I am doctor Theresa Gonzales from the James B. Edwards
College of Dental Medicine in Charleston, South Carolina.
I'll be presenting on a topic that is common to all of us
in health care practice and that is pain management and specifically,
chronic pain management and finally,
chronic orofacial pain management.
In the management of acute pain, dentistry,
as well as primary health care medicine has
a very well validated algorithm for the management of that pain.
It is codified in the World Health Organization's hierarchy
of pain management or stepped pain management.
And this is a skill set which has been deployed for more than 50 years
and has been effective in the management of post-surgical pain and acute pain.
Now, for the most part,
pain that occurs in the orofacial complex is acute.
And more commonly than not,
it involves the dentition.
And for that reason,
a patient experiencing any pain in
the orofacial region with the possible exception of headache will
default to primary care medicine or to
primary care dentistry to have that pain attenuated or alleviated.
This works very well with common pains,
with common pathologies like odontalgias,
inflammatory conditions of the pulp and periodontium for which there is abundant,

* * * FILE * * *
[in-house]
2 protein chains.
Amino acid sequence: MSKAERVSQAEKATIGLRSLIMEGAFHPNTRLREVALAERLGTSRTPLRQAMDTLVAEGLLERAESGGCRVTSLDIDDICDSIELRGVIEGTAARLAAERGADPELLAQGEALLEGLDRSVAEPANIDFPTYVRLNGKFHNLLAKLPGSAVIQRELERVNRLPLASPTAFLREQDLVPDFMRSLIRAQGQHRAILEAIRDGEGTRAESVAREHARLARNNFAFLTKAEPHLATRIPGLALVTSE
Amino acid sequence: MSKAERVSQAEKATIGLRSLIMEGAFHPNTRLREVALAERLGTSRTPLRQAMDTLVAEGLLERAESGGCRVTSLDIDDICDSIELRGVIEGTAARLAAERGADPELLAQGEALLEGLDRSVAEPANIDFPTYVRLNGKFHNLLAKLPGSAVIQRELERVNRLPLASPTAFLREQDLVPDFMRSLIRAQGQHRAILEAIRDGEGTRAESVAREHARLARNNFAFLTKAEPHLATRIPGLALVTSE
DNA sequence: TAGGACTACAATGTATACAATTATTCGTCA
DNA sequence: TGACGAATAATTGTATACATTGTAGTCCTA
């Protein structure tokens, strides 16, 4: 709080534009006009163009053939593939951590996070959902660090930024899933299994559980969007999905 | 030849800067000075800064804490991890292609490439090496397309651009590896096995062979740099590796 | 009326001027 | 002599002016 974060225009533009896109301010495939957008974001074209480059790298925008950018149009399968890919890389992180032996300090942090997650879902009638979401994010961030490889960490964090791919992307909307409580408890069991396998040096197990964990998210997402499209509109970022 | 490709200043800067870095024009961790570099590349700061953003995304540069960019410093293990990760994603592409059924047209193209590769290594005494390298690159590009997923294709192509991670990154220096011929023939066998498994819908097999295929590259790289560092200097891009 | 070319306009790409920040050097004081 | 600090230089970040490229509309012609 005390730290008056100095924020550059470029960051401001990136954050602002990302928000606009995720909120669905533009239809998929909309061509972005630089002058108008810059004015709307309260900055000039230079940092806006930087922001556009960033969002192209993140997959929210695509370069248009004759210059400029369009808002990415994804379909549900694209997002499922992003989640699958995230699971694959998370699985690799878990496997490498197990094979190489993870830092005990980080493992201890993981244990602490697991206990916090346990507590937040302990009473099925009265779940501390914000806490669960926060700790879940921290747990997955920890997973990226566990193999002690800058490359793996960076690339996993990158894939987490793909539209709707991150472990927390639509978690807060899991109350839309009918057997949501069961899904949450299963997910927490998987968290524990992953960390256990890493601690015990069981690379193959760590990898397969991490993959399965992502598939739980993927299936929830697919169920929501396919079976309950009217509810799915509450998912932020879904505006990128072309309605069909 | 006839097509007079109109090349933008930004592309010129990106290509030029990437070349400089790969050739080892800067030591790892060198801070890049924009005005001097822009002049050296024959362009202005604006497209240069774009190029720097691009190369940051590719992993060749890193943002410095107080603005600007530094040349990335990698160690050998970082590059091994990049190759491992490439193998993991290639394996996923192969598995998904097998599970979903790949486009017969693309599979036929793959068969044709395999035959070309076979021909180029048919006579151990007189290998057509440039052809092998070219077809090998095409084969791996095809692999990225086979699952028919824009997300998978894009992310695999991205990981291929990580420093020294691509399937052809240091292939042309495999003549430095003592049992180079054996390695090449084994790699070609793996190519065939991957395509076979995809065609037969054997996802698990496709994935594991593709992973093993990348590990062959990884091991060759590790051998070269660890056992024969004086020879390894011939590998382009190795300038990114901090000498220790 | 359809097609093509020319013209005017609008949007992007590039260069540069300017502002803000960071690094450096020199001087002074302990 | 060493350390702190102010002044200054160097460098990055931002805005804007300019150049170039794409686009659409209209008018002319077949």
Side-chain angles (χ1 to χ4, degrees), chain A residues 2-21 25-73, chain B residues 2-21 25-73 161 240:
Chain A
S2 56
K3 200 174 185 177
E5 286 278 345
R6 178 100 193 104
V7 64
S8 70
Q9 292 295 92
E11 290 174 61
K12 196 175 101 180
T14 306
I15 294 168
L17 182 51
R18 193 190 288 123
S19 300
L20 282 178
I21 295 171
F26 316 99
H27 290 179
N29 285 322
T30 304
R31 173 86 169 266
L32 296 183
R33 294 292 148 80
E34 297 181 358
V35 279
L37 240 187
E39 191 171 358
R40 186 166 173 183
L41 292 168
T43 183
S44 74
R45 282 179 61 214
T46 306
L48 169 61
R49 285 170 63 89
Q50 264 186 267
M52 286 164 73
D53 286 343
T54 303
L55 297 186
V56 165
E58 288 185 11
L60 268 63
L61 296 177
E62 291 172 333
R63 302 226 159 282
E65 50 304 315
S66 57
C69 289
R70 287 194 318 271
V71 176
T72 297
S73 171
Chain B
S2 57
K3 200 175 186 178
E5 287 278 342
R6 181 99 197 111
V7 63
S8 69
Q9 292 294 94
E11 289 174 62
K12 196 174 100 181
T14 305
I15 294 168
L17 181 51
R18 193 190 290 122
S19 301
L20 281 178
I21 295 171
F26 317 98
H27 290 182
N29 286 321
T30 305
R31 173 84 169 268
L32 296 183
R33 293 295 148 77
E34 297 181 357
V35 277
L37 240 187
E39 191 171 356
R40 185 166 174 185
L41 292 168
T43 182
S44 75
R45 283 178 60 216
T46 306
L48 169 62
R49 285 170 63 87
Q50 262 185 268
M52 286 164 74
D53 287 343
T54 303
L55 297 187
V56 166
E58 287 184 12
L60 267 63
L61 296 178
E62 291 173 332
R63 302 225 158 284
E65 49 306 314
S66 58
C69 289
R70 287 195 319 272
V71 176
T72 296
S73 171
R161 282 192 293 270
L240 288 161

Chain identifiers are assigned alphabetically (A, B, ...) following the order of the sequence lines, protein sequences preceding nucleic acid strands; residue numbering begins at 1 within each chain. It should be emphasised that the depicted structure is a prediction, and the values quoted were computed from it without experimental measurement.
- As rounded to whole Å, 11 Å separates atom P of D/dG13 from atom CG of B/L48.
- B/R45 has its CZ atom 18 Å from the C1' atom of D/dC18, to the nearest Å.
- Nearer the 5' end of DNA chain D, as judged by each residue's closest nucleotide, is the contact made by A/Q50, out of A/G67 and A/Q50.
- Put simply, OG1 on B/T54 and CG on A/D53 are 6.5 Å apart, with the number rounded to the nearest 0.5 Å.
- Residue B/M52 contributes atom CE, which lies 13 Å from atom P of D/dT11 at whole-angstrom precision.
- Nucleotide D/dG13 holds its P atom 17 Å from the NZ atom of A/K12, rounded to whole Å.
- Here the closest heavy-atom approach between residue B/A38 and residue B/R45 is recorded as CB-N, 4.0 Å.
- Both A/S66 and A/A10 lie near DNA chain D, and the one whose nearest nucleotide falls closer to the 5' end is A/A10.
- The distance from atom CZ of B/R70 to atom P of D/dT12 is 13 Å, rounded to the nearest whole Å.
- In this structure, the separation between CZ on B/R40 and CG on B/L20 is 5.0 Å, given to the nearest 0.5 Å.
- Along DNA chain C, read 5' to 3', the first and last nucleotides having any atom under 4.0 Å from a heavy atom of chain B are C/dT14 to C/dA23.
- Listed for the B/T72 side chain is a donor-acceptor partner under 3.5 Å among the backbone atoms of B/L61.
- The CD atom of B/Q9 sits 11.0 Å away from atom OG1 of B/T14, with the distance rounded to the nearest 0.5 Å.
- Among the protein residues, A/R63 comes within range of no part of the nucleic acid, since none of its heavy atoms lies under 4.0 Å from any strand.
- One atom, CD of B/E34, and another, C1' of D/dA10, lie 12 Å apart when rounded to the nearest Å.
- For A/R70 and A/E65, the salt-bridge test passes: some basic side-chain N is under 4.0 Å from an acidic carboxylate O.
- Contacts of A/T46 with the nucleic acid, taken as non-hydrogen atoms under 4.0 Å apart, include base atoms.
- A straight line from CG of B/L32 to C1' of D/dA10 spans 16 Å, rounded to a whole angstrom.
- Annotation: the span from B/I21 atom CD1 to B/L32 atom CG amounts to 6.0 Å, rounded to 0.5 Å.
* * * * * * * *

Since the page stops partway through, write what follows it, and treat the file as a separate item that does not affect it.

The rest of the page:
relevant history and pertinent history that informs that discussion,
as well as having the appropriate clinical factors that are evaluated.
Diagnosis is rendered, the treatment for that diagnosis is delivered and post-operative
pain or inter-operative pain are managed effectively with
the use of local anesthetic agents to keep all of that pain in the periphery.
That's the acute model,
and that is probably in the context of orofacial pain, the 90% solution.
Where we struggle, as does all of health care,
is in chronic pain management.
When that pain occurring in
the orofacial complex is not related to the dentition and there is
no organic source that can be reliably
identified, but there is the subjective symptom of pain.
Thus, it turns out pain is the primary motivator for
all unplanned or unscheduled health care encounters
across the ambulatory outpatients background.
Pain is the reason they come. And in the United States,
between about 9:00 pm and 3:00 am in the morning,
those individuals who have unreconciled pain tend to appear
at those touch points of care that are available for the management of pain after hours.
And for us, that tends to be emergency facilities,
and quite frankly, that's true around the world.
So it's brought about a rather significant discussion in the context of pain management.
In chronic pain, is it just an extension of acute?
Which is what we were classically taught.
Or is chronic pain a disease and not a symptom of disease?
So what we do know is that chronic pain ultimately manifests as
distinct brain disease, which impacts all aspects of the individual's life.
And if left untreated,
as a function of time, may become irreversible.